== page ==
Originally published on thedempsterclinic.com.
Gone are the days where we don’t look at the mind body connection. The more research that rolls out the more we see it as the ABSOLUTE connection needed to bridge the gap not only for treatment of, but also in prevention of the many diseases including chronic stress.
I want to share a personal story with you. This past year has been one filled with many incredible blessings, memories, beautiful and hilarious moments. It has also been the most stressful 12 months of my life.
This past year I have been extremely fortunate to be one of the co-founders/co-hosts of the Mental Wellness Summit – the first of its kind online summit featuring 33 of the best and brightest minds in the forum of mental health and wellness; an event that is going to help re-shape our approach to mental health and wellness. And, the beautiful irony of it all – I’ve never had more stress to deal with!
The onset of stress did not catch me 100% by surprise, nor can I blame it just on organizing a summit. In addition to running a very busy practice, writing commitments, volunteer and charitable work, keeping physically active, writing a major board exam, and maintaining strong relationships with family and friends – throwing the summit into the mix really allowed me to test (read ‘stretch’) my stress management tools. I love challenges, and I would not have changed this experience for anything. When challenged, we grow STRONGER.
My story is not unique in any way nor is it to be taken as some incredible feat – as it is neither. What I intend to do is show that even those who are armed with knowledge and skill set to manage stress; this does not make it any easier to implement. We ALL have our own ‘summits’ going on in our respective lives, whether that be looking after household of young children, juggling work stress, financial worries, health concerns, relationship issues, etc. You name it – we all have challenges that rattle our equilibrium on a daily basis. And guess what – this is not going away. So what’s the trick? It is learning how to manage the stress that comes into our lives in a more efficient and pro-active manner.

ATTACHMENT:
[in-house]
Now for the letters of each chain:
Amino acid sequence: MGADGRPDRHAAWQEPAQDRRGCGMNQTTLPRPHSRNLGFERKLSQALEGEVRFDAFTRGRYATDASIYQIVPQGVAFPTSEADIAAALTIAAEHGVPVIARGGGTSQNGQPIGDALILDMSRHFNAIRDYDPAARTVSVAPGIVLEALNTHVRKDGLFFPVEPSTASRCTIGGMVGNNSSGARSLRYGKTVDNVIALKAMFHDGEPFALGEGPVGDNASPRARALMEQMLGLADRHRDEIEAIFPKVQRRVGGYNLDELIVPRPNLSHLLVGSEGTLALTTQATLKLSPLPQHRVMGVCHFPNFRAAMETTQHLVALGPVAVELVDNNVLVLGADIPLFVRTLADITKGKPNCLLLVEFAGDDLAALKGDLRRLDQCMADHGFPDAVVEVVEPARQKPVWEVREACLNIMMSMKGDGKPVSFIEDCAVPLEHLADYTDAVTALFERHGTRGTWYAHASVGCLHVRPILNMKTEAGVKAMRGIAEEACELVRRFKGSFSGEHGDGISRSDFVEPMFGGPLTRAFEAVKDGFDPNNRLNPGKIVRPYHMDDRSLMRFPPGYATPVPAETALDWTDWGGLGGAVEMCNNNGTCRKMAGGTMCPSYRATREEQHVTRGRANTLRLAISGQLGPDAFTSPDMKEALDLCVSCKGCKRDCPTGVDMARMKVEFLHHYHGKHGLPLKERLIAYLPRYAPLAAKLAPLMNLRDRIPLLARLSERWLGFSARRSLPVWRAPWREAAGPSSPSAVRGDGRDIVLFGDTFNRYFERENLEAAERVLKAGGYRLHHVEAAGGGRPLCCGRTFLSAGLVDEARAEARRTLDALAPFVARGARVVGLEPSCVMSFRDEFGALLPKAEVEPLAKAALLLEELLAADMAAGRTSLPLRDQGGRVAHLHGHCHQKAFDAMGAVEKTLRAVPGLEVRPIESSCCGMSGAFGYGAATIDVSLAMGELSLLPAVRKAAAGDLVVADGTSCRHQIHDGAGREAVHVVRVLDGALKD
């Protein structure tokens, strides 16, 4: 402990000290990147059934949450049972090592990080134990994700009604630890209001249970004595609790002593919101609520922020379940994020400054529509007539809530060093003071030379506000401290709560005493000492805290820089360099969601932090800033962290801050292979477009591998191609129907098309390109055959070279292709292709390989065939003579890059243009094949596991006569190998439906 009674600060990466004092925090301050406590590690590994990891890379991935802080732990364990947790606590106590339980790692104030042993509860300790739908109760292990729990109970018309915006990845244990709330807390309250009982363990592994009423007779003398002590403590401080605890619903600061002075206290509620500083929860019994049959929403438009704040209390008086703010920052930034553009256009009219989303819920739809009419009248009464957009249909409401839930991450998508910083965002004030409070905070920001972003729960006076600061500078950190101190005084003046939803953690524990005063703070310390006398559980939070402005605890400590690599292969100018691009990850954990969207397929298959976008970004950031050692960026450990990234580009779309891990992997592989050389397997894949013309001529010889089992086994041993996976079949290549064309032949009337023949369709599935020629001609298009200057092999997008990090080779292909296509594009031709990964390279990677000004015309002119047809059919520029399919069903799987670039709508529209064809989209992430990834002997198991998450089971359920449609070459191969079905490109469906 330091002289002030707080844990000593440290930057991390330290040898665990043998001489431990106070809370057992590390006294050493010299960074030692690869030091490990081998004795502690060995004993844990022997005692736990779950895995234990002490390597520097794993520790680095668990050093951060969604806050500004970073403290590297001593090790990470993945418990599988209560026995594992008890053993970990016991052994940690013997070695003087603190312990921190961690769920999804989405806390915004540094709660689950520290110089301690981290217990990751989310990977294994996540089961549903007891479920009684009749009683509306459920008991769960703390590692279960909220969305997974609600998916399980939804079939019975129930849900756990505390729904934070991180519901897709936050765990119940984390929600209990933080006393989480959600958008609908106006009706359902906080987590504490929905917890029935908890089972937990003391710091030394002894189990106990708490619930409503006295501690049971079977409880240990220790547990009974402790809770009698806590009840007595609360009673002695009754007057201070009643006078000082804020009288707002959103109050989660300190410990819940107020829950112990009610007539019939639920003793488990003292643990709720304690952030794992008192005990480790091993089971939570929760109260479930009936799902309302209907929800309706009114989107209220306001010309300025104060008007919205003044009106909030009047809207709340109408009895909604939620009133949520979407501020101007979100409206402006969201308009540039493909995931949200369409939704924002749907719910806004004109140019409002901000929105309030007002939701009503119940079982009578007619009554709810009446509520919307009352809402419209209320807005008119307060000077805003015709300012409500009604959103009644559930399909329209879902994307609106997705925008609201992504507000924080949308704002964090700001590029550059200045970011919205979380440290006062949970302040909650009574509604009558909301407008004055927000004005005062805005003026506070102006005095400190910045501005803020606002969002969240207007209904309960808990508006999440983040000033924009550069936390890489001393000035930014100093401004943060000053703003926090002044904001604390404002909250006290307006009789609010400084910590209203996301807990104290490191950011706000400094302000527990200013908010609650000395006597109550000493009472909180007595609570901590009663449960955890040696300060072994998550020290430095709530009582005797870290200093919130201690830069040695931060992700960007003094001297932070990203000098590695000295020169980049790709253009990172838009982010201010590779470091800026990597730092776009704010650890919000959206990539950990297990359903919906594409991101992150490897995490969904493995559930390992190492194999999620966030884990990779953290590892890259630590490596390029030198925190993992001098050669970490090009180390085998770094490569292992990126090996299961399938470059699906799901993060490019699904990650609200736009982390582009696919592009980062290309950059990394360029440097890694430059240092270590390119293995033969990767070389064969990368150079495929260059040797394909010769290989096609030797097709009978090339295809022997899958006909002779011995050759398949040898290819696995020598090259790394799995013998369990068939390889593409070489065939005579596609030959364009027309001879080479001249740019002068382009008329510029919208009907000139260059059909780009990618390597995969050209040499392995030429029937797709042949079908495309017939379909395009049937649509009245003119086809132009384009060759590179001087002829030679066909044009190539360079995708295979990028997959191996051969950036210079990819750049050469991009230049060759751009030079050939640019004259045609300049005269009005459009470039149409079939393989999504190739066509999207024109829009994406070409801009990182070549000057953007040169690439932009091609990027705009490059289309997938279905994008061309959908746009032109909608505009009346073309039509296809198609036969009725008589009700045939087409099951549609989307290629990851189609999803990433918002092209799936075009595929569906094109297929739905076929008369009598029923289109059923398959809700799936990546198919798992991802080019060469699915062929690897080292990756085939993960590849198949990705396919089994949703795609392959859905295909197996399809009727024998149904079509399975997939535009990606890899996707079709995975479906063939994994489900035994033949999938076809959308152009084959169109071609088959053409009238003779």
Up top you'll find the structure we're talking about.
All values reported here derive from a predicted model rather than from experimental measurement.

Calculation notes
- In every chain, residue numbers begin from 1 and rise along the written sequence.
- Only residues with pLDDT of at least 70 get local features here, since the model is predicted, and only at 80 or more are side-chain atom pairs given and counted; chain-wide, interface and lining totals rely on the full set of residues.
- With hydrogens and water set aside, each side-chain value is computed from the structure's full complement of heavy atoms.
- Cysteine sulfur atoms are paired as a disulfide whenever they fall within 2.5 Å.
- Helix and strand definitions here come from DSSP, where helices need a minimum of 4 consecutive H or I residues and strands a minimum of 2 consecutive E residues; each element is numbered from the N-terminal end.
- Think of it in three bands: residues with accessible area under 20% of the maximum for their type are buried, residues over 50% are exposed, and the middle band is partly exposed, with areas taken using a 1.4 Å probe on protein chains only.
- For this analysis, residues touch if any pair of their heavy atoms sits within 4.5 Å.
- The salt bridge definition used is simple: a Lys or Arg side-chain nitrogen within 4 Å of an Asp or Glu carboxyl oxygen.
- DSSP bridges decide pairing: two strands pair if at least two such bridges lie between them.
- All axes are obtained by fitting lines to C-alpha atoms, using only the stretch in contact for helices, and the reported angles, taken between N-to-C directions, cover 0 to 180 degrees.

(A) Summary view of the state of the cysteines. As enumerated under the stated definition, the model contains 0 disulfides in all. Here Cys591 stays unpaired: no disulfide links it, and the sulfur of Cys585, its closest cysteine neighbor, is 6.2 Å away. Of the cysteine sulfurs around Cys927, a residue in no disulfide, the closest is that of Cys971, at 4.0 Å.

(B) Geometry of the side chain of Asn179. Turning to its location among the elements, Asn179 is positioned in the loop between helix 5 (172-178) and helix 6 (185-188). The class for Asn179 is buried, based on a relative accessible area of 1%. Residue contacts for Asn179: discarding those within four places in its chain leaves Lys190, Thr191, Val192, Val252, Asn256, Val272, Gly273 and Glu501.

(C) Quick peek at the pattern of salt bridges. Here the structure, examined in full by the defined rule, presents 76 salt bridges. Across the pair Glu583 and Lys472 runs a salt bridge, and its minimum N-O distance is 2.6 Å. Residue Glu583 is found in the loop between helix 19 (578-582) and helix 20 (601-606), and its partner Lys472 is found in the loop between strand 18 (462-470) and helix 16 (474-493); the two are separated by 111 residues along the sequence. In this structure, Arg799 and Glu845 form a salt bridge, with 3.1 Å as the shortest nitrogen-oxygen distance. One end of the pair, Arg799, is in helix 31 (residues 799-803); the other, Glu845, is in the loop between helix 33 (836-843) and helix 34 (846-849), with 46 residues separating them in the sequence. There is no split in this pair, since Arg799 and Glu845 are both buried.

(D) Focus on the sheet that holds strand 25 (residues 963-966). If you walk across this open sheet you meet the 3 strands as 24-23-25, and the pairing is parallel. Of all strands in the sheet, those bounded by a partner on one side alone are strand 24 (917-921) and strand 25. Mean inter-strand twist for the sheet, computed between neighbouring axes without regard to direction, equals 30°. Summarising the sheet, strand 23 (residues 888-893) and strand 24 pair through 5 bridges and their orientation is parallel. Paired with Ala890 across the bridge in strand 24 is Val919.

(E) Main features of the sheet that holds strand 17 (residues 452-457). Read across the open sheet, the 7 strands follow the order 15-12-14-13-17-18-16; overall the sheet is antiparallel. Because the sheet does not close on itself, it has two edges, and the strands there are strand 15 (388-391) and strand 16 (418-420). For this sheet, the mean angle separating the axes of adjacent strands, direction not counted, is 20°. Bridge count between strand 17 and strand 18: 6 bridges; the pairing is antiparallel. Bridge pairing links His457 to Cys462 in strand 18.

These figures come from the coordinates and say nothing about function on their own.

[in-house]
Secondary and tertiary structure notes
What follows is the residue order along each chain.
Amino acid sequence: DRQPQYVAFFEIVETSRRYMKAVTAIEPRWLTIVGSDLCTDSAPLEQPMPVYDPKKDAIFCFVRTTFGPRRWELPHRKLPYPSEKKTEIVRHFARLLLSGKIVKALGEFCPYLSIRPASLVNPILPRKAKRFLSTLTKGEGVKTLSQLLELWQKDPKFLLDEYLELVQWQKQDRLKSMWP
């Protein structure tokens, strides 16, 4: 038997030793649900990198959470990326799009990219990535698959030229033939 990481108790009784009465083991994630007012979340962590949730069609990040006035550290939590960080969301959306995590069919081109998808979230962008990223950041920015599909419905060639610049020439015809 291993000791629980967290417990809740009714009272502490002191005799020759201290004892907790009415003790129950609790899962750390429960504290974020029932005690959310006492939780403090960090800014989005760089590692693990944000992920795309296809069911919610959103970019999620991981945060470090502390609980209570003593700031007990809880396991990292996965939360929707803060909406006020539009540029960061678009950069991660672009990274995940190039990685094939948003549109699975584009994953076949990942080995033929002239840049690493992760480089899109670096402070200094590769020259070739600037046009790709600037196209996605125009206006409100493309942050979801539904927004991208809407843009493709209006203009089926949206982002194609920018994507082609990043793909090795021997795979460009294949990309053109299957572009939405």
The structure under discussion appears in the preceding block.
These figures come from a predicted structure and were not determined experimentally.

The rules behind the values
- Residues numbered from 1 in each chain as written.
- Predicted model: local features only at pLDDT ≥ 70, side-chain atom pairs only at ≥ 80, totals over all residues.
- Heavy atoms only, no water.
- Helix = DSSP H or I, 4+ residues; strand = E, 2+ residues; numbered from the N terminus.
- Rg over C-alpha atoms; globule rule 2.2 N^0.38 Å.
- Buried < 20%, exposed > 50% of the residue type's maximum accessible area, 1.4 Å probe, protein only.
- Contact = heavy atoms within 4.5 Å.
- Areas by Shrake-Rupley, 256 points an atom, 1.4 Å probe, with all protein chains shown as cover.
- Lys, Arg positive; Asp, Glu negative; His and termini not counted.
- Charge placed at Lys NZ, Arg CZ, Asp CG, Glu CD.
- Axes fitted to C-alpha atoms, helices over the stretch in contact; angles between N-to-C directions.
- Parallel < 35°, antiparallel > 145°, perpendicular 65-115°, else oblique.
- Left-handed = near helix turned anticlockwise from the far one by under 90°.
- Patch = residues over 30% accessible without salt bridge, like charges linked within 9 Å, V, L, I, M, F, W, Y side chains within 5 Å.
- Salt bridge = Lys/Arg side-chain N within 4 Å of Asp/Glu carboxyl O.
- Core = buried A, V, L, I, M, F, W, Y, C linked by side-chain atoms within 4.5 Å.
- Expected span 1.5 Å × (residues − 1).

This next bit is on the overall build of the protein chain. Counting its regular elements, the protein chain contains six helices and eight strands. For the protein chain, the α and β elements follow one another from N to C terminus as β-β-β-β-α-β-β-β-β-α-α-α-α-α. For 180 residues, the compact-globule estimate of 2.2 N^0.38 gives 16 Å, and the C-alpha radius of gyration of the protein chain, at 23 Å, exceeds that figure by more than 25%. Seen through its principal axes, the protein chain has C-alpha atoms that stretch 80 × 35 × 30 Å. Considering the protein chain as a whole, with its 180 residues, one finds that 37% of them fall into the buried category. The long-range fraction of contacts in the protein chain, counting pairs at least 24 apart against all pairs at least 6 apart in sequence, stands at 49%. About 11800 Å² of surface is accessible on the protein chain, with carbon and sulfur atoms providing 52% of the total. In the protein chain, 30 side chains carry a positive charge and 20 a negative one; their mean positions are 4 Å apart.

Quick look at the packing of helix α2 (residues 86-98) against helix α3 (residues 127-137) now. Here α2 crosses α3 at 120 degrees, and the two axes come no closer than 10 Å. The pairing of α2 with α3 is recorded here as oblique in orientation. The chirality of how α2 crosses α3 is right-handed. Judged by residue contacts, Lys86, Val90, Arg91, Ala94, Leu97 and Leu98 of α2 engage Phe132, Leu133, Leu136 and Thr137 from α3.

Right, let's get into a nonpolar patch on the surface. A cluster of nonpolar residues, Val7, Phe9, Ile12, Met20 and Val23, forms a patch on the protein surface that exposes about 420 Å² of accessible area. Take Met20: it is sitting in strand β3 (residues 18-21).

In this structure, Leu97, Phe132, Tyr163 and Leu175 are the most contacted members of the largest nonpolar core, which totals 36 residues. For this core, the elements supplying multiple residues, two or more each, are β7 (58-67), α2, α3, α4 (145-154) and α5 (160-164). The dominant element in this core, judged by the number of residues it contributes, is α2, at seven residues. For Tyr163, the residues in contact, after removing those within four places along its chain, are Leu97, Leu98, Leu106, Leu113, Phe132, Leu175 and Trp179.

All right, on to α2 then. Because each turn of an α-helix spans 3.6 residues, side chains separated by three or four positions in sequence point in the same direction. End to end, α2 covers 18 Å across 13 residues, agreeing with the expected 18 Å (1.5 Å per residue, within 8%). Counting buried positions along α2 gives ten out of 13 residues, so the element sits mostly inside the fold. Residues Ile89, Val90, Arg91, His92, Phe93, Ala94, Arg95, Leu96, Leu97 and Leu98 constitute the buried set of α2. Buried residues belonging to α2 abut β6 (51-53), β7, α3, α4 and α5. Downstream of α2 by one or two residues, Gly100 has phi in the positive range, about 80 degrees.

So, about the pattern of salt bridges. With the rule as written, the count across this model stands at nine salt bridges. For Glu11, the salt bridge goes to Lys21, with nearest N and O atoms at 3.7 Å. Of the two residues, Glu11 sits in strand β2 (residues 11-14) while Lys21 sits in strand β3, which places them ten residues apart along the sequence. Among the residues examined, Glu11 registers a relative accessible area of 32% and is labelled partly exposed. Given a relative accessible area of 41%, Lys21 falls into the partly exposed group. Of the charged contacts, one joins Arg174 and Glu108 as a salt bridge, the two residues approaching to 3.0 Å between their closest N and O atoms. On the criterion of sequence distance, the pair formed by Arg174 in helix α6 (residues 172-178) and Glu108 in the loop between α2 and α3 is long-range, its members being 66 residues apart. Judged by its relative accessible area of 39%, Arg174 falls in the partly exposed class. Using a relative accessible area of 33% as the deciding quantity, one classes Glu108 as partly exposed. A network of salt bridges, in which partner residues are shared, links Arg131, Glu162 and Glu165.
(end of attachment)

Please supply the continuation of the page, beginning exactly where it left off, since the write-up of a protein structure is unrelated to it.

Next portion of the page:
Now, we all know that certain stressors are good (eustress), and off course certain others are BAD (distress). We actually need some stress to not only survive but to THRIVE. That being said, we are often weighted far too heavily on the distress end of the spectrum. Both eustress and distress release the hormone cortisol as part of the natural stress response6. Eustress is invigorating, and often linked with a tangible goal. In this situation cortisol returns to normal upon completion of the task. Distress on the other hand, causes the fight-or-flight mechanism to go into overdrive unless switched off. The problem for most is that continual triggers of distress lock us into the permanent fight or flight response – not good!
So what’s really the problem with chronic stress? Consider the following:
- $300+ billion per year spent by employers on stress related issues and missed work1
- 77% of people report physical symptoms caused by stress1
- 73% regularly experience psychological symptoms caused by stress2
- 48% feel their stress has increased in the last 5 years2
- Stress increases risk for heart attack 21X3,5
- Stress has also been shown to increase the likelihood of cancer spreading (metastasis) which is a major cause of cancer death, by 30X3,4
Gone are the days where we don’t look at the mind body connection. In fact, the more research that rolls out the more we see it as the ABSOLUTE connection needed to bridge the gap not only for treatment of, but also in prevention of the many chronic diseases facing developed nations today3.
Here are my Top 5 Secret Weapons for Managing Your Stress that you, your family and friends can all use going forward.
1. Be mindful
Meditation reduces anxiety and lowers cortisol levels, full stop. Simply taking a few deep breaths engages the Vagus nerve which triggers a signal within your nervous system to slow heart rate, lower blood pressure and decreases cortisol5. The next time you feel yourself in a stressful situation that activates your ‘Fight-or-Flight’ response take 10 deep breaths and feel your entire body relax and decompress. Setting aside 10-15 minutes each day to practice mindfulness or meditation will create a sense of calm that permeates throughout your entire nervous system. There are many different types of meditation, and truthfully the best for you is the one you can commit to doing daily. I suggest that you do more research, visit a meditation center if you can, and fine-tune a daily meditation practice that fits your personality and schedule.